**The Kolchin Seminar in Differential
Algebra **

**Saturday February 19 ^{th}
2005**

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**Richard Cohn**Rutgers
University

2:00 - 3:00PM

**Abstract:** The low power condition introduced by J.F. Ritt is a
necessary and sufficient condition for {y} to be a component of {A}, where A is
an algebraically irreducible differential polynomial in the polynomial
differential ring K{y}. (In its more general form, for any prime differential
ideal to be a component). Stated differently, failure of this condition is
sufficient but not necessary for A to have a non-zero solution specializing to
0.

There is an analogous condition in difference algebra, the low weight
condition. The condition is necessary but not sufficient for {y} to be a
component of {B}, where B is an algebraically irreducible polynomial in the
difference ring F{y}. Sufficiency holds if B is of second order and in other
interesting cases, but fails at third order. Stated differently, failure of the
low weight condition is sufficient but not necessary for B to have a non-zero
solution specializing to 0.

A full understanding of when {y} is a component
of {B} has escaped my investigations and appears difficult. Recently I have
found a new interpretation of the low weight condition which sidesteps this
difficulty. Failure of the low weight condition is necessary and sufficient for
B to have a non-zero solution which specializes "nicely" to 0, where by "nicely"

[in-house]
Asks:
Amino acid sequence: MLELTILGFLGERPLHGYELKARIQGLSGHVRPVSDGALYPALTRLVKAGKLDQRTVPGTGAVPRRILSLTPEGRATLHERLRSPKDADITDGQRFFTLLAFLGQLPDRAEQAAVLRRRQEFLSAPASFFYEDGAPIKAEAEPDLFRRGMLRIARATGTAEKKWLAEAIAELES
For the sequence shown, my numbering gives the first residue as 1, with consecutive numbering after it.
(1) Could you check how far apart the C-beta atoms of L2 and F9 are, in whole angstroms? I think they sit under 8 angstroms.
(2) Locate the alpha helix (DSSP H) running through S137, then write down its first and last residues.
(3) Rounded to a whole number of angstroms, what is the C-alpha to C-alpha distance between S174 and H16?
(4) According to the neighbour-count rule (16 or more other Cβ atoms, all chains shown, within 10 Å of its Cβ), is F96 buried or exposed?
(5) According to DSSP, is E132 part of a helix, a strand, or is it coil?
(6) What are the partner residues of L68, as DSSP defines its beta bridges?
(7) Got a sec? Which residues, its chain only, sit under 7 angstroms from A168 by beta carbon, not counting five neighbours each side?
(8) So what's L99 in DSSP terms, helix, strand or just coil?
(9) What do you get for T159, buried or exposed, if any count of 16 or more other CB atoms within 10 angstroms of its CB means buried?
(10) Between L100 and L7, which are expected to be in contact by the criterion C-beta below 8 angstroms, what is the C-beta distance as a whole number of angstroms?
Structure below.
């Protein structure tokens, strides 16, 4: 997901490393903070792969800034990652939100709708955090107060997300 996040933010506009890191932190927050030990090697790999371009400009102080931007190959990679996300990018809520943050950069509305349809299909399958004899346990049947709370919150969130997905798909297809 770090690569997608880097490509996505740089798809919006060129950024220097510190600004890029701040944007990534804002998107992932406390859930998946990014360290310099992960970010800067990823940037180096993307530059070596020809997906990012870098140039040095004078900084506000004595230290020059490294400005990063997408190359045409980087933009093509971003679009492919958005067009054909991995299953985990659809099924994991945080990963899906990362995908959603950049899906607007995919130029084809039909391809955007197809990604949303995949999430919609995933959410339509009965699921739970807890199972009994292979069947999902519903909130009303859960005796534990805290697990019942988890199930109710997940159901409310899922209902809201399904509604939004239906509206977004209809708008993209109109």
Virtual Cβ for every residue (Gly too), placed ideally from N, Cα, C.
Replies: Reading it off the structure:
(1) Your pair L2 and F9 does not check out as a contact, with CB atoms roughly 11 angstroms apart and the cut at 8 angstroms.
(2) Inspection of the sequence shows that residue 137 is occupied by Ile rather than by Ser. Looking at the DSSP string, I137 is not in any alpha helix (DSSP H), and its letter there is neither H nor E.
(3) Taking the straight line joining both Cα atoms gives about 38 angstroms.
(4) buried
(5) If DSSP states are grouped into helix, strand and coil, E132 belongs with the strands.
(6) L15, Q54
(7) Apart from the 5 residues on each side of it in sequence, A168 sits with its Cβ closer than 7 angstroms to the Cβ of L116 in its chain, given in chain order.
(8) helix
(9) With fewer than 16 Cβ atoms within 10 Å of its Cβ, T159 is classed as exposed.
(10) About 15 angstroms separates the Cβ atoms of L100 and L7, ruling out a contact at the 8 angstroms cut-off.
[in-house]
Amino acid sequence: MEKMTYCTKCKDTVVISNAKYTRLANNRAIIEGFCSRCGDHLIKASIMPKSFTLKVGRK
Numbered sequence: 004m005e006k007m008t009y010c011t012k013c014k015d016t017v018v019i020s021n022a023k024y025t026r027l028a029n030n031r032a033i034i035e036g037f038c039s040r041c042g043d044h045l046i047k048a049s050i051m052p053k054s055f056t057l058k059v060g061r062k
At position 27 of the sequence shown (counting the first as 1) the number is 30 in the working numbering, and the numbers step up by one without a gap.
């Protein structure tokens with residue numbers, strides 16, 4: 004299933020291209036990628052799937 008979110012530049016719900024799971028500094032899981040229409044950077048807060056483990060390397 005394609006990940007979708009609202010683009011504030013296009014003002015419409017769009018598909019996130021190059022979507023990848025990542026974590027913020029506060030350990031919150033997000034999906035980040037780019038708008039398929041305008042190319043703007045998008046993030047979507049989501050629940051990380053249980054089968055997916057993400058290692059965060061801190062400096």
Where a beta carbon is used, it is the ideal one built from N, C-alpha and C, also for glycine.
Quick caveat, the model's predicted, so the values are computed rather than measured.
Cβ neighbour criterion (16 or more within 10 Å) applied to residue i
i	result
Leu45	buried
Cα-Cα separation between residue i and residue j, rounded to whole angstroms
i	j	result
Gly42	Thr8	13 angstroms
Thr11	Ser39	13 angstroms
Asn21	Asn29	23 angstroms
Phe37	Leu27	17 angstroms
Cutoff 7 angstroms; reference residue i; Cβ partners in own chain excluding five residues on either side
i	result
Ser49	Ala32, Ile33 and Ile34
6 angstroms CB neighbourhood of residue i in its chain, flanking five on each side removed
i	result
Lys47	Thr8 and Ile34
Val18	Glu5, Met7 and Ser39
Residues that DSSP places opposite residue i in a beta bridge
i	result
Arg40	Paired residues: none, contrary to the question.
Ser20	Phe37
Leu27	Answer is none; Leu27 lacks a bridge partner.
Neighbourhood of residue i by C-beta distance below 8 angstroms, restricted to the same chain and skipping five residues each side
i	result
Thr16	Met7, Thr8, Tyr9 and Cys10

I mean a specialization that extends to a difference closed place, that is a
place whose valuation ideal is closed under the difference operator. (The
corresponding result is also valid in the differential case). Further
development of this idea will probably require Barbara Lando's difference
algebra analogue of Morrison theory of differential places.

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**Jerry G. Ianni**

LaGuardia Community
College **On the semigroup structure of synthetic musical
scales**

3:30-4:30PM

**Abstract:** A semigroup consisting entirely of idempotents is called a
band. We will show that various sets of synthetic musical scales
become commutative bands under componentwise ordering of inflections.
There is a natural one-to-one correspondence between the commutative
bands defined on a nonempty set S and the lower semilattices defined on
S. We will present an algorithmic procedure for identifying the ideals
of an arbitrary finite commutative band using the Hasse diagram for its
associated lower semilattice. We will also give a complete enumeration
of the ideals in a few specific cases.
**References:**

J. Murray Barbour, *Synthetic Musical Scales*, The American Mathematical
Monthly 36 (1929) 155 - 160.

John M. Howie, *Fundamentals of Semigroup Theory*, Oxford University
Press, Oxford, 1995.

Robert M. Mason, *Enumeration of Synthetic Musical Scales by Matrix
Algebra and a Catalogue of Busoni Scales*, Journal of Music Theory 14
(1970) 92 - 126.

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**Michael Singer**** **North
Carolina State University

5:00-6:00PM

**Abstract:** After a brief review of methods for solving the inverse
problem in differential Galois theory, I will present new techniques that allow
one to construct differential equations having Galois groups whose connected
components are certain semisimple groups.

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**Coffee and tea will be served beginning at 1:30 PM Room
HW706 **

**Click here for directions
to Hunter College and location of room**